L'IATA, l'Association internationale du transport aérien a publié son "AIR TRANSPORT MARKET ANALYSIS" pour le mois d'octobre 2011 et observe une poursuite du déclin du fret aérien.
Points clés :
Worldwide transport of freight by air fell in October, continuing the sharp decline that began in June. The level of freight tonne kilometres flown in October was 4.7% lower than the same month a year ago. It is clear in the first chart below that from several months before October last year until June this year the size of the air freight market was broadly unchanged. But since then the market has shrunk uninterrupted, by almost 5%.
Overall world trade in goods has also declined over the past five months, but by less than 1%. This is partly because Asian demand for bulk commodities, transported by sea, remains strong. But also because industrial output has yet to decline, whereas business confidence has slumped during the past two quarters. Air freight is often one of the earliest signals of deteriorating economic conditions. Purchasing managers are now cutting air freight and switching to cheaper and slower transport modes, in anticipation of weaker economic activity.
So far that deterioration in business confidence has not been fully reflected in air travel. Worldwide air travel did fall in October to a level 3.6% higher than the same month last year, compared to a 5.6% outturn in September.
However, this fall in the year-to-year comparison was partly due to a spike higher in travel last October. The 0.9% fall in worldwide RPKs flown between September and October is within the +/-2% standard deviation. Air travel is very volatile from month-to-month, so this decline cannot be seen as the start of a downward trend. At the moment, the trend in air travel remains upwards, in stark contrast to what we see happening to air freight. But as the second chart below indicates, a sharper slowdown in air travel is likely in the months ahead.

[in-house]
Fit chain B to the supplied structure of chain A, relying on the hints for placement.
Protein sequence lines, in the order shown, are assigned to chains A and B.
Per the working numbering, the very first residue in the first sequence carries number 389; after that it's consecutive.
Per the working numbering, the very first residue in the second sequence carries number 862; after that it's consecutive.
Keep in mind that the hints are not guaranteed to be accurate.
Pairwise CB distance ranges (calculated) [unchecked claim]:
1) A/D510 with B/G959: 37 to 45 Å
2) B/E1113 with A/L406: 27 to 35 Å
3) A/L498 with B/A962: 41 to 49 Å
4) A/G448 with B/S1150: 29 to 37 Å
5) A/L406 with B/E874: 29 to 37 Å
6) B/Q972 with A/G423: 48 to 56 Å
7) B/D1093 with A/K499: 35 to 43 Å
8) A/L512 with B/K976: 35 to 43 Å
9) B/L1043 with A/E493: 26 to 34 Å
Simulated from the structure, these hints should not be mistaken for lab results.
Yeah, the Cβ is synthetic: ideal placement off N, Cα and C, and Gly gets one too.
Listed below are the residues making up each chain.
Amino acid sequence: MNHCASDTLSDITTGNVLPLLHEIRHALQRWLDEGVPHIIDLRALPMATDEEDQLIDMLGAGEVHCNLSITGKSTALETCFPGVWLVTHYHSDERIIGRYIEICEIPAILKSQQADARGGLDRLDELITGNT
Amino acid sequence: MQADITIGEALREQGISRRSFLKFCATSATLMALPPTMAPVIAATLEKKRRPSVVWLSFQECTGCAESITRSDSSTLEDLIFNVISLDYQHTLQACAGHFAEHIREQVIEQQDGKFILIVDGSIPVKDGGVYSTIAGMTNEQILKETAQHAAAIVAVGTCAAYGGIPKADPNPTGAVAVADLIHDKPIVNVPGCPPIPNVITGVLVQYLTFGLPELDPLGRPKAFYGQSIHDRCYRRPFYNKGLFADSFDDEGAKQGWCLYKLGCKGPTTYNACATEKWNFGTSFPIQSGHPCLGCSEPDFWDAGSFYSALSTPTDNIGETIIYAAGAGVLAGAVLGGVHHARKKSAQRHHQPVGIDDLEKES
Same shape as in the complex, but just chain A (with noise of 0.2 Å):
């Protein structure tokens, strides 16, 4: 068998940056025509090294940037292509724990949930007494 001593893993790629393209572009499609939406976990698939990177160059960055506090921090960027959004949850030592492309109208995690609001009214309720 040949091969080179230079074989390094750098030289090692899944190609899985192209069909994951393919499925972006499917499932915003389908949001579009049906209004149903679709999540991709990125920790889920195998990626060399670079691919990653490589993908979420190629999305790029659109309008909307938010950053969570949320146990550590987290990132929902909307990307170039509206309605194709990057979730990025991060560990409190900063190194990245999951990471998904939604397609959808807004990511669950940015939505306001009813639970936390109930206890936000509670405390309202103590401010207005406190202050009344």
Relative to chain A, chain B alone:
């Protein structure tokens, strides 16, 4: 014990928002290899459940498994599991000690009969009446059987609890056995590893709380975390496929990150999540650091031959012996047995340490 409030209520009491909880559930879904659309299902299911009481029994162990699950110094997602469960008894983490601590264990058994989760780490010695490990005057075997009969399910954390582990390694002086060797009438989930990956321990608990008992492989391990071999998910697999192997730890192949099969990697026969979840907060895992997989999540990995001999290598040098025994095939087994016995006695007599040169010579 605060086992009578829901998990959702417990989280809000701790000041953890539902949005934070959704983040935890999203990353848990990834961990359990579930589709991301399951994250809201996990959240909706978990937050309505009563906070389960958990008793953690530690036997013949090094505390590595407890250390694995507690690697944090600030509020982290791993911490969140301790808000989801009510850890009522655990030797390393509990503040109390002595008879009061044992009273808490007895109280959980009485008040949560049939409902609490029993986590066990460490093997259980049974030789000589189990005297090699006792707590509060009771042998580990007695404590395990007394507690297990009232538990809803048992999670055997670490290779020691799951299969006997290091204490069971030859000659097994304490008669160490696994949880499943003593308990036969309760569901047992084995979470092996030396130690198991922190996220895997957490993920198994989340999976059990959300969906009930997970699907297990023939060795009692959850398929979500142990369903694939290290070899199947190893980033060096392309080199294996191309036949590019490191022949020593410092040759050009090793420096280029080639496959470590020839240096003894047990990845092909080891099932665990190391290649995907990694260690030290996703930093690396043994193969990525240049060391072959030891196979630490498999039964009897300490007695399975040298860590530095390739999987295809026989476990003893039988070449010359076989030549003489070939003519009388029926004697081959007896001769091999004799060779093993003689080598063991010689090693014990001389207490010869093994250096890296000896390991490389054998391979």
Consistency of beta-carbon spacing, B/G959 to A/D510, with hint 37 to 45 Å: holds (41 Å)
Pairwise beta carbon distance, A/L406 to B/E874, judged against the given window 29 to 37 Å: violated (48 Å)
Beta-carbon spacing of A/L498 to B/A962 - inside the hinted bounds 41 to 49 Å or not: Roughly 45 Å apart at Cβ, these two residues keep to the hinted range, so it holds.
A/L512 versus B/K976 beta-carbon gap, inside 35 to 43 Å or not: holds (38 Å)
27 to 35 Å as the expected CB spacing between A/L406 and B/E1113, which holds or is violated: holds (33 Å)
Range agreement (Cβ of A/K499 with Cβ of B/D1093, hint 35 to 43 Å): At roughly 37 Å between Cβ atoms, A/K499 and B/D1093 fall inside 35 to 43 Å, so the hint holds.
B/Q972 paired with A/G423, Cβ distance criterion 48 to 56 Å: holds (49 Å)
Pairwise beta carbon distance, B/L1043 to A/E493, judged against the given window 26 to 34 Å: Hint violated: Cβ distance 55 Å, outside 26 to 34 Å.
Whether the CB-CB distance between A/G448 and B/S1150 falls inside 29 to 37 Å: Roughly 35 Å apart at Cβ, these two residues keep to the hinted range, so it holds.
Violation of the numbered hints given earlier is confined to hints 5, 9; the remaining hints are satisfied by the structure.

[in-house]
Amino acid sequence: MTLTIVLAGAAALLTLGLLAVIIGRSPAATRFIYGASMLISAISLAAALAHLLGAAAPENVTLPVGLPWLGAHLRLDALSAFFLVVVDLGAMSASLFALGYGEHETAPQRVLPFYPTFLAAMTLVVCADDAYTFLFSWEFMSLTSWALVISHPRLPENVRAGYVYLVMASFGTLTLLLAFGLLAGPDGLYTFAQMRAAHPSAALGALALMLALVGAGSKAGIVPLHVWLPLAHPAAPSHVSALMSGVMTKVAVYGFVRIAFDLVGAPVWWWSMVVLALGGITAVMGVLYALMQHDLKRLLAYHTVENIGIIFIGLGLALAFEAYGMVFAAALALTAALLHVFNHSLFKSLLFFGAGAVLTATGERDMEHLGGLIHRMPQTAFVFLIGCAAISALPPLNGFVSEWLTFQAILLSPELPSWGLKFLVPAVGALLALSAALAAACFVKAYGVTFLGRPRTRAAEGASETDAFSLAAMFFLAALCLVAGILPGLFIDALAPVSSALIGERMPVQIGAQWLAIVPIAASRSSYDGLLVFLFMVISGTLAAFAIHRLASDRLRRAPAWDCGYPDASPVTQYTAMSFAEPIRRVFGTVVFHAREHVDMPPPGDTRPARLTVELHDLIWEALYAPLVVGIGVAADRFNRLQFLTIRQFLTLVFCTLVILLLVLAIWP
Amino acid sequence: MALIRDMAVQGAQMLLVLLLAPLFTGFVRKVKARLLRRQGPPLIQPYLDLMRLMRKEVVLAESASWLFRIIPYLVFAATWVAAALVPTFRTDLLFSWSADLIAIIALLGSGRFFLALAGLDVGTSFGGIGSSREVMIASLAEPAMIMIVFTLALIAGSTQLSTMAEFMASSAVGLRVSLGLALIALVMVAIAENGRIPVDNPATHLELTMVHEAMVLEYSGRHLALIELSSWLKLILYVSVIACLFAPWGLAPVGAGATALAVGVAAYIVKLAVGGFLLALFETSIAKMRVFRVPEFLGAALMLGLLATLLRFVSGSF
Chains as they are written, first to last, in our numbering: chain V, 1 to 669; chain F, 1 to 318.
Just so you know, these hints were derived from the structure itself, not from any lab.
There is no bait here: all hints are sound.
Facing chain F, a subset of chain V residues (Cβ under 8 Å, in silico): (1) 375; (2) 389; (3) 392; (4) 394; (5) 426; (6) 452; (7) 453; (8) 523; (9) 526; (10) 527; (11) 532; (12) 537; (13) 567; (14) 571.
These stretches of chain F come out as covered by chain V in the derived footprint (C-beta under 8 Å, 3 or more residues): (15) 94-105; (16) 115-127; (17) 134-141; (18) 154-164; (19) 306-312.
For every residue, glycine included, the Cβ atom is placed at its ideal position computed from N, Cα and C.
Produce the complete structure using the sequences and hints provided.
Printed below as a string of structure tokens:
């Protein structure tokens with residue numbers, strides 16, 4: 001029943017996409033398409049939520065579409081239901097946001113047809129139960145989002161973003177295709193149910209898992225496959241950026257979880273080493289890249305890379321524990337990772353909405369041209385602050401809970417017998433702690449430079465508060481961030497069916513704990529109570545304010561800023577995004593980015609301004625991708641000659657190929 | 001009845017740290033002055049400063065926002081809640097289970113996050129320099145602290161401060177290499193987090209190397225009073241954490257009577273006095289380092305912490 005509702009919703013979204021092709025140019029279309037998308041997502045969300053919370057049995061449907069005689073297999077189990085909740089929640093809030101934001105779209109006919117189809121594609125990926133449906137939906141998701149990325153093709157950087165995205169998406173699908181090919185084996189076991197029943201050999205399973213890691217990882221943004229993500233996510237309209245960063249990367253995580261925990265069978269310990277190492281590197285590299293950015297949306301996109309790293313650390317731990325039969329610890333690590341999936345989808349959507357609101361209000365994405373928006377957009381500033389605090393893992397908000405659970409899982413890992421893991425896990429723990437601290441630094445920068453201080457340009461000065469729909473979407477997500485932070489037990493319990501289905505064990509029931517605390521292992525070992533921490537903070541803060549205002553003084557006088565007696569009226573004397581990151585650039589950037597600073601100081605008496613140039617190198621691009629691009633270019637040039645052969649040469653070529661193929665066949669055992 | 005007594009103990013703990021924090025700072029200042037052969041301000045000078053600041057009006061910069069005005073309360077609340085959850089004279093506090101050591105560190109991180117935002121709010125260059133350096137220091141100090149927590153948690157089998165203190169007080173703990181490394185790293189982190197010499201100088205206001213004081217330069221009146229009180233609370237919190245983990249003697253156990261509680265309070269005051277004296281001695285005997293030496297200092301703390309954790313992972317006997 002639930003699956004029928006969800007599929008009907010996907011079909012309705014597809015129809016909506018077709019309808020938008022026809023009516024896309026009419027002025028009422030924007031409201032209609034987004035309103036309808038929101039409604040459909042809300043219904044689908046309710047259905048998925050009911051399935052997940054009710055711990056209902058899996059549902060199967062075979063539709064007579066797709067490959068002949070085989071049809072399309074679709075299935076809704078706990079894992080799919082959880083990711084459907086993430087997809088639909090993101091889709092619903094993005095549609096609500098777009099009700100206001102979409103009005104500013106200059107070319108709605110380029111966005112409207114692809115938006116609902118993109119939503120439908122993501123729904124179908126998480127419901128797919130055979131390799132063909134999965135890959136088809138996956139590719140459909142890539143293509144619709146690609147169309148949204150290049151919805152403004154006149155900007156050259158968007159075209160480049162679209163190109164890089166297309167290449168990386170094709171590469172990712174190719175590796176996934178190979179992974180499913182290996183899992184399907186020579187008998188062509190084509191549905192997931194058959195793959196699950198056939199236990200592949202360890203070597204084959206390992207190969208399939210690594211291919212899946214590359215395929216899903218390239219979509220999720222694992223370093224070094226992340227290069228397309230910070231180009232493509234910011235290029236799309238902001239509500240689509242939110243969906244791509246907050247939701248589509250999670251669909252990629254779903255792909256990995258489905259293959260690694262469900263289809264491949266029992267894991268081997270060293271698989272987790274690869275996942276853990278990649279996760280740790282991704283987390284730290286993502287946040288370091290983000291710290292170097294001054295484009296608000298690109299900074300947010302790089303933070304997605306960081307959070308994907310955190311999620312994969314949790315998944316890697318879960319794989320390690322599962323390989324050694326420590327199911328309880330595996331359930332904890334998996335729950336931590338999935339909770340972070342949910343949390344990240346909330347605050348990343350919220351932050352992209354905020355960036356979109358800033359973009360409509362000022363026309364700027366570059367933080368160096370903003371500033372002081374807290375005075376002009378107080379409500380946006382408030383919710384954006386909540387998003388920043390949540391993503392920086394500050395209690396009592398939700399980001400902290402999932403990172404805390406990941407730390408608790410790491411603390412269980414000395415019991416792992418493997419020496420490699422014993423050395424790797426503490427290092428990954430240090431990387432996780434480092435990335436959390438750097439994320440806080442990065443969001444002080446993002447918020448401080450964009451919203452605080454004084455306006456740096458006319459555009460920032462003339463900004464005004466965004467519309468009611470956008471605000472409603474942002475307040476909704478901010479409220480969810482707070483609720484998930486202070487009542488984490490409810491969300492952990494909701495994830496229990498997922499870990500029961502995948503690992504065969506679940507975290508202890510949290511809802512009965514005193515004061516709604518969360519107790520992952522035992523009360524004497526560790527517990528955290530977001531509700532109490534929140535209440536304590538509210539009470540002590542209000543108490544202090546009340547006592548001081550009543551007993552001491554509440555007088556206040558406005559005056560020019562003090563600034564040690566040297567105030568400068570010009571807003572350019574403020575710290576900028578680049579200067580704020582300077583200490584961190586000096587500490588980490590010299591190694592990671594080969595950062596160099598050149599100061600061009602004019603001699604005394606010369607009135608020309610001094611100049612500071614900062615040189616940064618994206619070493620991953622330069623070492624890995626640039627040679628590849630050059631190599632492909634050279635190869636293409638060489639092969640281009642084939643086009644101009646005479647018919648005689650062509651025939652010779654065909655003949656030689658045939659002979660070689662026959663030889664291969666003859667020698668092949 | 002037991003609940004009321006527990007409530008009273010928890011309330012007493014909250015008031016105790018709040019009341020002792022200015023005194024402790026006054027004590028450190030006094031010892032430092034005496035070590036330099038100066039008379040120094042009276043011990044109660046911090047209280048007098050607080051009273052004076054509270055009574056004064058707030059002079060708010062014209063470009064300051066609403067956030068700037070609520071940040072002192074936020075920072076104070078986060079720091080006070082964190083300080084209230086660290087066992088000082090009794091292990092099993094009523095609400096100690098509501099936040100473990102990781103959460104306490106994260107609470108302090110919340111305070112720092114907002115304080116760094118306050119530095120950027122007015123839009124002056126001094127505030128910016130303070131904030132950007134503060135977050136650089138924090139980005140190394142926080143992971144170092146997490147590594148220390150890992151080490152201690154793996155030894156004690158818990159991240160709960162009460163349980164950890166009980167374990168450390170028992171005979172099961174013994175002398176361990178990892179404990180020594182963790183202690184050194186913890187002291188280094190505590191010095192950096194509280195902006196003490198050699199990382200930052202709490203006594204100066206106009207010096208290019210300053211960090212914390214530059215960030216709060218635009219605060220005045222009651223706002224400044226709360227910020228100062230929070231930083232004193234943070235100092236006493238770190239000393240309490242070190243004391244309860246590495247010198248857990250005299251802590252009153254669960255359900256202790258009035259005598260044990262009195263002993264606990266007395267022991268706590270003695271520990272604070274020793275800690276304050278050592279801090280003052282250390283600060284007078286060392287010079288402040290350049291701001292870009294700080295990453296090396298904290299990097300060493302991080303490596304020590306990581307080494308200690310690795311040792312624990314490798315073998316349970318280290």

There are significant differences between regions. One of the strongest regions is Europe, despite the euro-zone crisis. This suggests that overall air travel strength is currently based on fragile foundations. North American airlines have cut capacity on US and international markets, keeping utilization high. Asia-Pacific airlines have seen weak international growth, although domestic markets in India and China are expanding fast.
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